NASA has warned a city-destroying asteroid about the size of the Leaning Tower of Pisa could hit Earth on Valentine’s Day in 2046.
2023 DW, confirmed February 28, has a one in 560 chance of impact on February 14 at 4:44 pm ET – but where it will fall is not yet known.
The predicted impact zones stretch from the Indian Ocean to the Pacific Ocean and the west to the east coast of the US – with Los Angeles, Hawaii and Washington DC as possibilities.
The collision of the 165-foot 2023 DW with our planet would be comparable to the Tunguska 12-megaton event that slammed into Siberia 114 years ago.
This 160-foot asteroid caused a nuclear explosion that would have destroyed a large metropolitan area – but it landed in a forest, flattening more than 80 million trees.
A city-destroying asteroid about the size of the Leaning Tower of Pisa could hit Earth on Valentine’s Day in 2046. The asteroid, known as 2023 DW, is large enough to destroy a metropolitan area – and Los Angeles and Washington DC are in the potential impact zone
NASA announced the discovery of 2023 DW on Tuesday, noting that it ‘takes several weeks of data to reduce the uncertainties and adequately predict their orbits years into the future.’
The probability of the asteroid hitting Earth has changed over the past week.
On March 1, an Italian astronomer shared NASA showed a one in 1,2000 chance, but the odds increased a day later to one in 710 – and now there is a one in 560.
As of March 7, 2023, the analysis of its orbit was just 62 observations spanning 6.8487 days through March 4, 2023.
2023 DW is currently at the top of NASA’s Risk List with a 1 on the Torino scale – meaning there is no cause for public concern at this time.
‘A routine discovery in which a pass near the Earth is predicted that poses no unusual level of danger,’ reads the description on the Torino scale.
‘Current calculations show the chance of collision is extremely unlikely with no cause for public attention or public concern. New telescopic observations very likely will lead to re-assignment to Level 0.’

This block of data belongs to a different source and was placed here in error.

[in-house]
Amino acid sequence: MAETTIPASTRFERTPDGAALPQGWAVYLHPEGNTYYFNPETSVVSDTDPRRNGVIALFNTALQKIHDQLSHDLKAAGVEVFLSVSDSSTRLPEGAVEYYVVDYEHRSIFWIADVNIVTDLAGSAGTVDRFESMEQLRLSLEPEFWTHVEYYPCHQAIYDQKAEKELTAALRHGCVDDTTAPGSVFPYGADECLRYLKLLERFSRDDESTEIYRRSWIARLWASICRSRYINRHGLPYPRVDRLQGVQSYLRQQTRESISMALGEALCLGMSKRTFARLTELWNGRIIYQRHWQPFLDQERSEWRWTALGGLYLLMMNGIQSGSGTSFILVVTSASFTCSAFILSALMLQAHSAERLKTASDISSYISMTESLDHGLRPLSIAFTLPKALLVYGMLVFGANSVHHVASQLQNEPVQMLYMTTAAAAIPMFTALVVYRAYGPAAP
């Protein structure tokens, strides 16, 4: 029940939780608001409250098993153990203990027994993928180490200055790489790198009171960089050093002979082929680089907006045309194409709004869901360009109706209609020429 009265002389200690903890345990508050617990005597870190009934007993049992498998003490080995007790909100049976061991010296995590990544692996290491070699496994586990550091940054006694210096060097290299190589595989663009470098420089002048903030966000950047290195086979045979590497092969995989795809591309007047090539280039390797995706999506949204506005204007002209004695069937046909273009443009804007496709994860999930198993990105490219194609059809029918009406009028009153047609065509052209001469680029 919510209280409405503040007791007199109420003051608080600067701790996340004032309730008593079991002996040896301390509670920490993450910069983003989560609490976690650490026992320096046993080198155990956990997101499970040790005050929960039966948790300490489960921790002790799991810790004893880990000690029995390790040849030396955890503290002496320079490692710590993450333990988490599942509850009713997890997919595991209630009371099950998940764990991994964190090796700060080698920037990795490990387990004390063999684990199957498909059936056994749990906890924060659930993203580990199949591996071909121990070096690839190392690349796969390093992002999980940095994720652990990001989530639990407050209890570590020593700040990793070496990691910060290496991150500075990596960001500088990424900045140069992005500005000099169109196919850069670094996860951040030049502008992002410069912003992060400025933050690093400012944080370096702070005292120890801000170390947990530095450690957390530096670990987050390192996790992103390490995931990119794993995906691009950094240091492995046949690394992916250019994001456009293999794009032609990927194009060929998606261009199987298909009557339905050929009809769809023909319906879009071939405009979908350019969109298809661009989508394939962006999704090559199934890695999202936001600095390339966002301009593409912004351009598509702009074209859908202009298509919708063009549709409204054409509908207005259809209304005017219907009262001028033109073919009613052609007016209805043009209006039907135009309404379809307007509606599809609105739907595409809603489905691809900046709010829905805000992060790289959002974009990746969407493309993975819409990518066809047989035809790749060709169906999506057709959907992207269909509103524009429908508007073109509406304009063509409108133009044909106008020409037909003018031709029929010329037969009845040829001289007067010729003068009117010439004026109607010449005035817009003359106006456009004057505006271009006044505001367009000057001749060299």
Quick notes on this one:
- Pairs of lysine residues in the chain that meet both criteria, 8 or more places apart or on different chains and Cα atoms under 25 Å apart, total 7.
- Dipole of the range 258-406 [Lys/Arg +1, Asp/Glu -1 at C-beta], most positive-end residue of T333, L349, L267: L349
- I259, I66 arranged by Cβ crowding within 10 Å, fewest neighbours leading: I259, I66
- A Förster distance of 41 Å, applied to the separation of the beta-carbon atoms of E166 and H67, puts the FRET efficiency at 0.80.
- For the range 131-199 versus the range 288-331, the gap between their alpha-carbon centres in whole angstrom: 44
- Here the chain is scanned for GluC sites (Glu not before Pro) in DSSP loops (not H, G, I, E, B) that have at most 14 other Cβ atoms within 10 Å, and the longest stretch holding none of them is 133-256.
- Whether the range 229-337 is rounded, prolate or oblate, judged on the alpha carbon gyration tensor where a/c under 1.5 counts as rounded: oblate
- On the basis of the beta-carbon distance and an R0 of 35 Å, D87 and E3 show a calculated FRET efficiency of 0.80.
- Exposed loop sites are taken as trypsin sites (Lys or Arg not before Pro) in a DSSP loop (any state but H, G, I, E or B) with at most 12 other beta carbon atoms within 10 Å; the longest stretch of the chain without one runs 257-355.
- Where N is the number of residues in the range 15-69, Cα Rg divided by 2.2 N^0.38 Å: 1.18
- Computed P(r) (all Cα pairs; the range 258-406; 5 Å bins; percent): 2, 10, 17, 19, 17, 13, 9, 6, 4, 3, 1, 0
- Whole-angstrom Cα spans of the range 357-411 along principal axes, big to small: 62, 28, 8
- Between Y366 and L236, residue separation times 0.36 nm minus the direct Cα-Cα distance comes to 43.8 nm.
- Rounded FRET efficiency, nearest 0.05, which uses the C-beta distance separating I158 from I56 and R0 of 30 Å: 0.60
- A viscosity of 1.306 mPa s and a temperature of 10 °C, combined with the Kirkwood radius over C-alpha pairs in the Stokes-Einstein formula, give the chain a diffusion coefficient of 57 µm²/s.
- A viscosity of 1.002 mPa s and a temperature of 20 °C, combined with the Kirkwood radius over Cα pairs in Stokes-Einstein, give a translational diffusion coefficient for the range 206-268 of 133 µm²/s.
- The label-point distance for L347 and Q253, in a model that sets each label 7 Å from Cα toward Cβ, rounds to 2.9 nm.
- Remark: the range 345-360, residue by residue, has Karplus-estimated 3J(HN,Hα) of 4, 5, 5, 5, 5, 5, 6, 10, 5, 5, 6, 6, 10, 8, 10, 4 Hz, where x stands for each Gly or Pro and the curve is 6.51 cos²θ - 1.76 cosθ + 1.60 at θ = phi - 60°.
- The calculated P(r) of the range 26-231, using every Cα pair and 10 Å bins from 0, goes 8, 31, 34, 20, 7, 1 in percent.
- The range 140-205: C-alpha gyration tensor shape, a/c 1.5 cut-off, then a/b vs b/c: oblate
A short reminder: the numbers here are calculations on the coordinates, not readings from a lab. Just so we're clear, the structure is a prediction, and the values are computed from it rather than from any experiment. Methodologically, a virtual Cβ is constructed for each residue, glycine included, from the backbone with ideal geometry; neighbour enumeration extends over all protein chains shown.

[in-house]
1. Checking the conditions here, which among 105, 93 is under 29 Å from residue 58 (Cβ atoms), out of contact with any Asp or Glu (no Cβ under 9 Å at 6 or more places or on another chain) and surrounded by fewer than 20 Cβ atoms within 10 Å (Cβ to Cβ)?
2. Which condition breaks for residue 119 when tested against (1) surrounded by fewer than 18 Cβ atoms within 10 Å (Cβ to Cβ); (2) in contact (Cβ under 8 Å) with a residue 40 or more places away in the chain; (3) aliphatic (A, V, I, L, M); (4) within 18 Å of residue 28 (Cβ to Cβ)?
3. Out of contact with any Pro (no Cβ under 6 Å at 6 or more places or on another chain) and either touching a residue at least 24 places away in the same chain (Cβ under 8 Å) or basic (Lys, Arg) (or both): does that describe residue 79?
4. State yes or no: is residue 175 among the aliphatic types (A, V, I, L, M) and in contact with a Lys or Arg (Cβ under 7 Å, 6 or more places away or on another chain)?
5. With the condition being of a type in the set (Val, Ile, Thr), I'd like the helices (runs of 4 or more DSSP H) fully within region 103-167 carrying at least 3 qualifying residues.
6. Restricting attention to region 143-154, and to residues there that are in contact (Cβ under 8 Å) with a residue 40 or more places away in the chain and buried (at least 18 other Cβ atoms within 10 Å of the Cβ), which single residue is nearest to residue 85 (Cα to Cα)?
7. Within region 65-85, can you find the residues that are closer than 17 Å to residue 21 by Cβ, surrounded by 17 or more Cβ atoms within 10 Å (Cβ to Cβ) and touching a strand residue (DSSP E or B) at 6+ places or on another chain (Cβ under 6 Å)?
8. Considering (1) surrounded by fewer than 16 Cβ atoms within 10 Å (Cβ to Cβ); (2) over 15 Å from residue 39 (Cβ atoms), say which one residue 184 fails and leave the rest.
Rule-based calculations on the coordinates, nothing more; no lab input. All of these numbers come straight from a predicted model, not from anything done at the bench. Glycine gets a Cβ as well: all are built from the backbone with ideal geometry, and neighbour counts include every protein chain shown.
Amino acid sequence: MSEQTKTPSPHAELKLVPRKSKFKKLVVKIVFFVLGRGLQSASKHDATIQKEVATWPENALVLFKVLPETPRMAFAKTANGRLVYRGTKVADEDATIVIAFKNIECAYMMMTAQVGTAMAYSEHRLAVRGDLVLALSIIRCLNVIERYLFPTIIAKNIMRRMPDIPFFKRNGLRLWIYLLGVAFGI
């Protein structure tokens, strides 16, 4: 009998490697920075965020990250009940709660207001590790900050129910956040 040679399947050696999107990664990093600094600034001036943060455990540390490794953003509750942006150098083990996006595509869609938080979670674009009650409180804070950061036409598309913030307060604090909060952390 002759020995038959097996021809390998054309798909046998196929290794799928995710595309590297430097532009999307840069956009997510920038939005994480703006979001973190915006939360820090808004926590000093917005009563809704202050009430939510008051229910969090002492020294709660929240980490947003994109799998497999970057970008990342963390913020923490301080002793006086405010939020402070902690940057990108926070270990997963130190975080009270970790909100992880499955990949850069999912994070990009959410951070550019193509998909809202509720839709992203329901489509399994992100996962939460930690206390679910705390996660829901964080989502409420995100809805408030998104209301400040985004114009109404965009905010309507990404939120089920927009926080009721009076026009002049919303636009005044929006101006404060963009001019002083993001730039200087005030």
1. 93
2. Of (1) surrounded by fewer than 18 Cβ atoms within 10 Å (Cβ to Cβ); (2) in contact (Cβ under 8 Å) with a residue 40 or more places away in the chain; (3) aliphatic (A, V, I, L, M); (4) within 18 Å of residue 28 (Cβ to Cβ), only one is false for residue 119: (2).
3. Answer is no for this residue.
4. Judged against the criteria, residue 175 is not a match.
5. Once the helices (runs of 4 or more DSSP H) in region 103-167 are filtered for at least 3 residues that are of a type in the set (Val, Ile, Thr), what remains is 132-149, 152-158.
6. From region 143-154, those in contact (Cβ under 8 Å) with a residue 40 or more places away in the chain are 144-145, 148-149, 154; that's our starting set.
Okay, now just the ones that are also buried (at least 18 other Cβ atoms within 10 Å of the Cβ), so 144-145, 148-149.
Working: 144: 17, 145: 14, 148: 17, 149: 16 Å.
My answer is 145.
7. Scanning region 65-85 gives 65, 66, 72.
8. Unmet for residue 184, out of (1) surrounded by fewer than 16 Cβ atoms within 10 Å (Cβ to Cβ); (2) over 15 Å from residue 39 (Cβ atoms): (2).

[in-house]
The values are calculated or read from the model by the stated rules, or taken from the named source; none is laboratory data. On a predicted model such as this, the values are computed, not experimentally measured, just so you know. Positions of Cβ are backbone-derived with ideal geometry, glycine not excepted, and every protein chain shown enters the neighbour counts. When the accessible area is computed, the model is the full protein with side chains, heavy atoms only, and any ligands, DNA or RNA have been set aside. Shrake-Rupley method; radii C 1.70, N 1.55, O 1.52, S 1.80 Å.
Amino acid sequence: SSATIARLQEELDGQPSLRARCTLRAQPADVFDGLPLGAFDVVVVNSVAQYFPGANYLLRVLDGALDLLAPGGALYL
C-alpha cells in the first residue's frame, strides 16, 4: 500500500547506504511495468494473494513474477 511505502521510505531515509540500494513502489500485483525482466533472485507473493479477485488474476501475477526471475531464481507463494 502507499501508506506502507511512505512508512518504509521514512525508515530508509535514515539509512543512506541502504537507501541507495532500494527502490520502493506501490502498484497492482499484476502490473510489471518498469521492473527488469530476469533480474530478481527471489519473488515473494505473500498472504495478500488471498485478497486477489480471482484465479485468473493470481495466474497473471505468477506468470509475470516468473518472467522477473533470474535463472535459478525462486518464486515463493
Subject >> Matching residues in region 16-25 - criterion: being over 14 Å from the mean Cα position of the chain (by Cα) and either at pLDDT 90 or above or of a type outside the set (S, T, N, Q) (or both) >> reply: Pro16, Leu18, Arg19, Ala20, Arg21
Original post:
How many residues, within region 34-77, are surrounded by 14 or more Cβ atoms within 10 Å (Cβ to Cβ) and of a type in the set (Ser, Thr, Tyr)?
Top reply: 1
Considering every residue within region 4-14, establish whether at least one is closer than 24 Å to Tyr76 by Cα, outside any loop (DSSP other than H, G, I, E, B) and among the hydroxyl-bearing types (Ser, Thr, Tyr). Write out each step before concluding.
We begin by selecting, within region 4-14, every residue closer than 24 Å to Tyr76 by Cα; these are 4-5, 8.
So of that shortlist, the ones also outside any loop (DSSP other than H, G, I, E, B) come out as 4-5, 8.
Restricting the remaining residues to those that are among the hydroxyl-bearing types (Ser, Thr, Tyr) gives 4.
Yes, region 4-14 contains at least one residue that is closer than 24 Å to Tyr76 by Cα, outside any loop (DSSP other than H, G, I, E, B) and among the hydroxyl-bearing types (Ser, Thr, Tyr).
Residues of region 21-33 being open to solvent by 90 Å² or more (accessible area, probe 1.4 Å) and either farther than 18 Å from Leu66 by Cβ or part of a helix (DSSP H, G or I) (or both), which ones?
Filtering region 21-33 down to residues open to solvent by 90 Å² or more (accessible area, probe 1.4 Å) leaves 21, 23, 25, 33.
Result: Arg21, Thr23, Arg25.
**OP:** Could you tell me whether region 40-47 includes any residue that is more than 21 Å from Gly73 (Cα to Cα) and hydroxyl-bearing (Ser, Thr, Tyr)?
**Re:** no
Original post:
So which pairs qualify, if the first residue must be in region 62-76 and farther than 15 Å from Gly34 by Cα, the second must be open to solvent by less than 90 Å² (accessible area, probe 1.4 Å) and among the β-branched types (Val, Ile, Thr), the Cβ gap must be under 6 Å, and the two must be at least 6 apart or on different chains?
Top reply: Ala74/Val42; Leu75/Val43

‘Orbit analysts will continue to monitor asteroid 2023 DW and update predictions as more data comes in,’ NASA tweeted.
NASA confirmed 2023 DW on February 28. Pictured is the first image of the asteroid in space
While 2023 DW sits at 1, it could reach 10, labeled ‘Certain Collisions.’
‘A collision is certain, capable of causing global climatic catastrophe that may threaten the future of civilization as we know it, whether impacting land or ocean,’ reads the description.
‘Such events occur on average once per 100,000 years, or less often.’
However, NASA notes it would alert the public if 2023 DW reaches 3 on the scale.
The last significant impact was on February 15, 2013, known as Chelyabinsk.
A 60-foot-wide meteor hit the Earth’s atmosphere with energy estimated to be equivalent to 500,000 tons of TNT, sending a shockwave twice around the globe.
It caused widespread damage and injured more than 1,600 people.
And 2023 DW is more than twice the size.
NASA recently confirmed it can deflect a killer asteroid off a path toward Earth, following its successful DART mission in 2021.
The last significant impact was on February 15, 2013, known as Chelyabinsk. Pictured is the moment the 60-foot meteor streaked through the skies over Russia
NASA confirmed that it successfully deflected an asteroid in space. Pictured is the moment the craft smashed into the asteroid in NASA’s DART mission
The agency launched its Double Asteroid Redirection Test (DART) in 2022 for humanity’s first planetary defense mission, dubbed NASA’s ‘Armageddon moment.’
The craft’s target was a moonlet called Dimorphos circling its parent asteroid, Didymos.
On September 26, the world watched as DART soared 15,000 miles per hour toward Dimorphos to push it off its orbit.
And on March 1, 2023, NASA confirmed the mission was a smashing success.
The space agency’s refrigerator-sized satellite managed to shave 33 minutes off the orbit of a 520-foot-wide asteroid – nearly five times greater than what was predicted.
Scientists from the Northern Arizona University said: ‘This serves as a proof-of-concept for the kinetic impactor technique of planetary defense, DART needed to demonstrate that an asteroid could be targeted during a high-speed encounter and that the target’s orbit could be changed.’